Jing Gong receives PhD for microstructured glazing
Jing Gong has received a PhD for her work on a novel daylighting system based on advanced embedded optical microstructures for various facade orientations and climates. The microstructured glazing addresses the glare and overheating issues often encountered in buildings with glazed façades, and aims to improve solar gains in winter.
The design of highly glazed buildings has become a worldwide trend in modern architecture. However, glazing may induce large thermal losses in winter while increasing cooling load in summer, and it may also cause glare. In order to solve these problems, a novel multifunctional glazing with embedded optical microstructures was proposed. The glazing consists of a polymer layer with embedded optical microstructures, and the polymer layer is laminated with a glass pane of glazing. The proposed glazing is based on the combination of microstructured geometry and optical coating. According to the geometry, two types of optical microstructures were originally developed in this thesis: i) L-shape retro-reflective optical microstructure, and ii) micro compound parabolic concentrators. The developed optical microstructures have the following advantages: i) seasonal thermal dynamics, ii) daylighting, iii) glare protection, iv) clear view, v) avoiding overheat as well as glare on streets, vi) applicable to various façade orientations, vii) no need of alignment during fabrication The work for this thesis developed in three categories: simulation to estimate the potential benefits of the proposed glazing, sample fabrication, and experimental characterization. Prior to the fabrication, ray-tracing simulation was used to optimize the geometrical parameters of the microstructures. The angular-dependent transmittance for glazing with various optical microstructures was calculated from ray-tracing simulation. Dynamic solar gains and the direct transmittance as function of working hours were calculated to evaluate the potential benefits. In order to fully explore the potential advantages in daylighting and glare protection, metrics based on illuminance, uniformity, glare and directivity were used for a south-facing façade equipped with the optical microstructures in Lausanne, Switzerland. In order to redirect daylight as desired, high aspect ratio microstructures and microstructures with overhang were needed. However, the fabrication of such microstructures was challenging with the existing technique. The experimental procedures have been conducted to solve the challenges in the master mold fabrication, replications, UV imprinting, thin film.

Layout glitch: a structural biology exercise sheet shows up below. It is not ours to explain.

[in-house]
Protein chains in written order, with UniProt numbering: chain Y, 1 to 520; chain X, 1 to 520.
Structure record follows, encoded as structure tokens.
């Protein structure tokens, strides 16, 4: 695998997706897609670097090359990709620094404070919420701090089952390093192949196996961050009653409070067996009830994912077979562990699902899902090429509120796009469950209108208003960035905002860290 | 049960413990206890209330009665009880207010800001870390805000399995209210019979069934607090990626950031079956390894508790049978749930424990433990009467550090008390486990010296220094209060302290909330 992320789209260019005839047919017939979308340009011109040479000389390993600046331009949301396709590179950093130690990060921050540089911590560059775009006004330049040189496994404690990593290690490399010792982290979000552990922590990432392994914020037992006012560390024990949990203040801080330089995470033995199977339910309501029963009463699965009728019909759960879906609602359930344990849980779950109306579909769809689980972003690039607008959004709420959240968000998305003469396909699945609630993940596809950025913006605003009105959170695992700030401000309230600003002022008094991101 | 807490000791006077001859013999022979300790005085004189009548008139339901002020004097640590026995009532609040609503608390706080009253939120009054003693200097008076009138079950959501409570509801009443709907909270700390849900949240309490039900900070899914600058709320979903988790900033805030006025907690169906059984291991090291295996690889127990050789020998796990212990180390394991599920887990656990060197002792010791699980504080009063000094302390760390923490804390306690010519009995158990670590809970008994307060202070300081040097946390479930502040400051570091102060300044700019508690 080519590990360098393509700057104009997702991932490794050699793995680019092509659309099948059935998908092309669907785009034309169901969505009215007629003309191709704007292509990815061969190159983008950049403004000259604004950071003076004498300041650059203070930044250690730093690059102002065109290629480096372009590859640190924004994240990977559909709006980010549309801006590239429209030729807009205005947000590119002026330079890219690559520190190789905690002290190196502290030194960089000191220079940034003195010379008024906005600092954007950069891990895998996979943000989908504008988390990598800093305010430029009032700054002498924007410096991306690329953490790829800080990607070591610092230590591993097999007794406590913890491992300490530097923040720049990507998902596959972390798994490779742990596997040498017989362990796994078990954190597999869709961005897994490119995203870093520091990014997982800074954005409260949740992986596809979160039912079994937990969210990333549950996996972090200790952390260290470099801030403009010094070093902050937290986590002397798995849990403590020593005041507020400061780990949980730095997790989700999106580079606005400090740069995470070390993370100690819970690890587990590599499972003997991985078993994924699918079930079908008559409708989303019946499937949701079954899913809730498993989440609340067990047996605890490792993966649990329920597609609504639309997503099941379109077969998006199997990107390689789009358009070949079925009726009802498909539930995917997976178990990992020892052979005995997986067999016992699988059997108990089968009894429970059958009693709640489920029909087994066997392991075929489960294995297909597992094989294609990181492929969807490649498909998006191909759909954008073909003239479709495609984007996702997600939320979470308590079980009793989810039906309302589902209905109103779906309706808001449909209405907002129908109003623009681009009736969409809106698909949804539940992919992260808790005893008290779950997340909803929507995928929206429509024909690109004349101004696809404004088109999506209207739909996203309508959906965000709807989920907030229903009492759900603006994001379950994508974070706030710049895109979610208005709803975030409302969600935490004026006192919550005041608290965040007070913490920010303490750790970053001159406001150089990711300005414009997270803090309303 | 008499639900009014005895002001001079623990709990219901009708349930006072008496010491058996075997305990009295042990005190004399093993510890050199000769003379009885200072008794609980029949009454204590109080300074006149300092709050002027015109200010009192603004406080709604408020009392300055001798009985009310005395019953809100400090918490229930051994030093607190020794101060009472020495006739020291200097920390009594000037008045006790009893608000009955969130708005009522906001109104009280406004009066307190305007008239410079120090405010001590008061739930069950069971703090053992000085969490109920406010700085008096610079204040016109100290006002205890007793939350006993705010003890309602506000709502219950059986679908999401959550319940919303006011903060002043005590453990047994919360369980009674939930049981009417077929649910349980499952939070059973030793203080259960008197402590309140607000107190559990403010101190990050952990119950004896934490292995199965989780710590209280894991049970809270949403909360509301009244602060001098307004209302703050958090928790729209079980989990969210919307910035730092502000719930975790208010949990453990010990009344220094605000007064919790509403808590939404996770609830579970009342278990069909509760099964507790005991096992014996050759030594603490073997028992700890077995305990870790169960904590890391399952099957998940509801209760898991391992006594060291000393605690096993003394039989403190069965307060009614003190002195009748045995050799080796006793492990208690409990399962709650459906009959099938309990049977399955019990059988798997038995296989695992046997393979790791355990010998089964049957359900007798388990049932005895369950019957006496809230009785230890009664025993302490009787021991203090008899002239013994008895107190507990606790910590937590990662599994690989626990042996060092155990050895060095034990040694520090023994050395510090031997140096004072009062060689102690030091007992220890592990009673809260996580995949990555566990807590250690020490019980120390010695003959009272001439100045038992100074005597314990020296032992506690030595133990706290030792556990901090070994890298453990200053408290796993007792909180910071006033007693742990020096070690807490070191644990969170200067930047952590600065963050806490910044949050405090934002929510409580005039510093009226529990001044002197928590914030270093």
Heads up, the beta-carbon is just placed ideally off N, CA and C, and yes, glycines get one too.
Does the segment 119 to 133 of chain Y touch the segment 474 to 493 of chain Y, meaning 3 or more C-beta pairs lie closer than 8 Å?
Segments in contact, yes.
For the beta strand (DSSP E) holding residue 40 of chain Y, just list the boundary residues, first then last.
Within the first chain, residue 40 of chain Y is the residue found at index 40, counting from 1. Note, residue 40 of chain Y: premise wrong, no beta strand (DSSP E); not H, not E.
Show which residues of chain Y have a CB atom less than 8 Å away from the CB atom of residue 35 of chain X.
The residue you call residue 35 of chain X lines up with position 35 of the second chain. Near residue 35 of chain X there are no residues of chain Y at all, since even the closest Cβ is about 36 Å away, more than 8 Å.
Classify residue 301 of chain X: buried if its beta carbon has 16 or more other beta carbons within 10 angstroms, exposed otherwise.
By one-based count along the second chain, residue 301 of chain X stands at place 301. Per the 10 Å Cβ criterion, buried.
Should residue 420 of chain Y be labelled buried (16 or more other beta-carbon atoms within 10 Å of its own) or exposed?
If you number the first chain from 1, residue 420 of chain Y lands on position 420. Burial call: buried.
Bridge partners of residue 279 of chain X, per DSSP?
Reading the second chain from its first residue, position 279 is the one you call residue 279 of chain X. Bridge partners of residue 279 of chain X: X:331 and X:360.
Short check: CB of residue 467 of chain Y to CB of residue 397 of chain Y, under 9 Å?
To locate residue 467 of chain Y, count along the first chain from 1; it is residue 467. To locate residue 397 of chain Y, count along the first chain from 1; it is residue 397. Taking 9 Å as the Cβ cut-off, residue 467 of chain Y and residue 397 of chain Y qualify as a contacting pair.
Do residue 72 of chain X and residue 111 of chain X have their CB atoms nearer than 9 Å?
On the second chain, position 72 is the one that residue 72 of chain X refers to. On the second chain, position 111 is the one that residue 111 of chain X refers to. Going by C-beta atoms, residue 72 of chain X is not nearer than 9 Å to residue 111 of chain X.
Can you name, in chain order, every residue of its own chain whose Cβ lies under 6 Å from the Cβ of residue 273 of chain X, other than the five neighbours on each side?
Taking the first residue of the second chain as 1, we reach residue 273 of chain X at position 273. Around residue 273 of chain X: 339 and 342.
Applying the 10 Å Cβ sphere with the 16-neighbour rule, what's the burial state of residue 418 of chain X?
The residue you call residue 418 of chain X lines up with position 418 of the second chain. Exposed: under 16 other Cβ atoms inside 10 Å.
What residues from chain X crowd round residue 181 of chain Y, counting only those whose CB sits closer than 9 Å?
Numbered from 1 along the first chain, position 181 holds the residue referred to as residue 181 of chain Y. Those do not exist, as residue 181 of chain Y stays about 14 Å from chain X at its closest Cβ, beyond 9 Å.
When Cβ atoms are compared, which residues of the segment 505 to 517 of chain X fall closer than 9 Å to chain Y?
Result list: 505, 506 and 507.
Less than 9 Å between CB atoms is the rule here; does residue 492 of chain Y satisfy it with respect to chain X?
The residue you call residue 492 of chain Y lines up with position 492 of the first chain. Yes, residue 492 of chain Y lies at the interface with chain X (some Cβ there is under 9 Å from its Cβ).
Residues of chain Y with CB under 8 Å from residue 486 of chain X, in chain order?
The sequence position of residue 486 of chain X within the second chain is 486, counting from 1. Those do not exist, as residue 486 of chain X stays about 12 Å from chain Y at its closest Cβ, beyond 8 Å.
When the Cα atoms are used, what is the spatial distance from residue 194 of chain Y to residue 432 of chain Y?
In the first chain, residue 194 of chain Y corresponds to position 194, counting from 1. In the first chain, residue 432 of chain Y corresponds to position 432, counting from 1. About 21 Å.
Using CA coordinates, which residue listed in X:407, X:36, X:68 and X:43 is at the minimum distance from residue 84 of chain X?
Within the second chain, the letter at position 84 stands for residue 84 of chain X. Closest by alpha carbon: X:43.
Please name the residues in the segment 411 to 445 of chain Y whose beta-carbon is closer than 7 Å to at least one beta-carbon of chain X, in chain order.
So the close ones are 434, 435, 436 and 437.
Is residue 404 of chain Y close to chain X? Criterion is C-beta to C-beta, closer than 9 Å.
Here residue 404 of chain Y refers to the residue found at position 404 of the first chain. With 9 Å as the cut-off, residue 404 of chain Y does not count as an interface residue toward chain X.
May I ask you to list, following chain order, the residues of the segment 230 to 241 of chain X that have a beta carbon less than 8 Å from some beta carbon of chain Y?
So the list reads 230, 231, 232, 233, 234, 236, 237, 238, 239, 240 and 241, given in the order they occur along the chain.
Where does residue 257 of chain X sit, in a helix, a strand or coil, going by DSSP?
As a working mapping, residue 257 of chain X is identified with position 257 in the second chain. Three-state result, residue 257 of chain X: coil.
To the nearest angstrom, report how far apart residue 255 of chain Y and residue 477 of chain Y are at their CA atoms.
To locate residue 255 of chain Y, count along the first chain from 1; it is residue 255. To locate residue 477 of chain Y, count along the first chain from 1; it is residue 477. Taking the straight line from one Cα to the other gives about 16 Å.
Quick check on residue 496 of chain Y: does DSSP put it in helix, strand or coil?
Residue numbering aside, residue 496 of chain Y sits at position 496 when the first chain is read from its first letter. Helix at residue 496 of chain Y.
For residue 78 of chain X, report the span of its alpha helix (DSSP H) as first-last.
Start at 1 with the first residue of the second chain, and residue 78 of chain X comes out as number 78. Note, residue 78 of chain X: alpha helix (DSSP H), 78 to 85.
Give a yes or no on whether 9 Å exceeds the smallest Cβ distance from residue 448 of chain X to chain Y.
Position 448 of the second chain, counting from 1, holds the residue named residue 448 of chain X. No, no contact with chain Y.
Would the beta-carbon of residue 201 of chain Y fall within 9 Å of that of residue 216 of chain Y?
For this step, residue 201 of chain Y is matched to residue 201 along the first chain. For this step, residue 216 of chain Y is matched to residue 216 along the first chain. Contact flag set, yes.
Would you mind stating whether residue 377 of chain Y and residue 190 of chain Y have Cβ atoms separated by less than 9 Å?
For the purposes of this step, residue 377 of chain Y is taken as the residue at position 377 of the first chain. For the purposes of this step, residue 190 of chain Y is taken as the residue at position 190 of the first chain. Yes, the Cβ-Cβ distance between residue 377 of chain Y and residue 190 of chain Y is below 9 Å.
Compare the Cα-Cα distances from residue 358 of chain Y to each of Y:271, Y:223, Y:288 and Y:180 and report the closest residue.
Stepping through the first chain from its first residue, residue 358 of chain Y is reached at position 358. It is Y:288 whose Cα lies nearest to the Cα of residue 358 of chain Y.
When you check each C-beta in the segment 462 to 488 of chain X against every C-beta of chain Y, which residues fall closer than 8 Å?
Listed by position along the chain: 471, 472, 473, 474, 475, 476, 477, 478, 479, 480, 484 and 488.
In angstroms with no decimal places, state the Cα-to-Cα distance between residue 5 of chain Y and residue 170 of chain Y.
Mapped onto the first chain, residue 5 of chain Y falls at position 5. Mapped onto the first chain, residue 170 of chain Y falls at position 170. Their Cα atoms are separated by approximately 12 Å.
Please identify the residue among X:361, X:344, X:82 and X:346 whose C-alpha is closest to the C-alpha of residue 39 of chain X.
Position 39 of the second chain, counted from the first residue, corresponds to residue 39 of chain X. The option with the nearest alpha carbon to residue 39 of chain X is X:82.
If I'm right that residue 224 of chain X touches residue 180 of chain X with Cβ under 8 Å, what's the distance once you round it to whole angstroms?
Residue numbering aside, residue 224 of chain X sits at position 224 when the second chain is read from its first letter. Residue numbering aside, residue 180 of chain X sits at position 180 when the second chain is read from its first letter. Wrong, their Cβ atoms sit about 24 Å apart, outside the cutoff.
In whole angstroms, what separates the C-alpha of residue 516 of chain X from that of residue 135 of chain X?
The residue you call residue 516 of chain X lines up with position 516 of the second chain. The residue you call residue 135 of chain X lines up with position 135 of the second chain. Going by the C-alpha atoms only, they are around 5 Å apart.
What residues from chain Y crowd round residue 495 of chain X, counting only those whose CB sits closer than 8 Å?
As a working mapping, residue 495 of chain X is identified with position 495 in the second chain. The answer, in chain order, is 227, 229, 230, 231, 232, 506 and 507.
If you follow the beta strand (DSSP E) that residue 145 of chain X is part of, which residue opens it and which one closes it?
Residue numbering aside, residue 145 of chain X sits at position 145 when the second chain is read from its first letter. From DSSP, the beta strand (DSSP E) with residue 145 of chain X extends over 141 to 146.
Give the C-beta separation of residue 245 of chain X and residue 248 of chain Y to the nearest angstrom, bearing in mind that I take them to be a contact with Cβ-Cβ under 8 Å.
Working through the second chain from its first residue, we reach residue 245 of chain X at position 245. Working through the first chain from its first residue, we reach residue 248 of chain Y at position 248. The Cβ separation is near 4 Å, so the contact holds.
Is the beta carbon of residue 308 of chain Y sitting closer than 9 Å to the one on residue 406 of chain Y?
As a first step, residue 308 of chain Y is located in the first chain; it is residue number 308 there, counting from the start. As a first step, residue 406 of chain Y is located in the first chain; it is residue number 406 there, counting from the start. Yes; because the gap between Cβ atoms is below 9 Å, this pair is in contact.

Related to this thesis, in December 2018, Jing Gong and her co-authors received the best paper award in non-imaging optics for their paper Feasibility study on a novel daylighting system with embedded micro compound parabolic concentrators (CPCs), presented at the SPIE Optical Engineering & Applications Conference of 19-20 August 2018, in San Diego, CA, USA
Jing Gong's thesis was supervised by Dr Andreas Schueler and Prof. Jean-Louis Scartezzini.
This research was funded by the Swiss Innovation Agency Innosuisse through the Swiss Competence Center for Energy Research "Future Energy Efficient Buildings and Districts" SCCER FEEB&D.
Gong, Jing; Scartezzini, Jean-Louis; Schueler, Andreas (dirs.), Novel daylighting system based on advanced embedded optical microstructures for various facade orientation and climates, EPFL Thesis no. 9390, 2019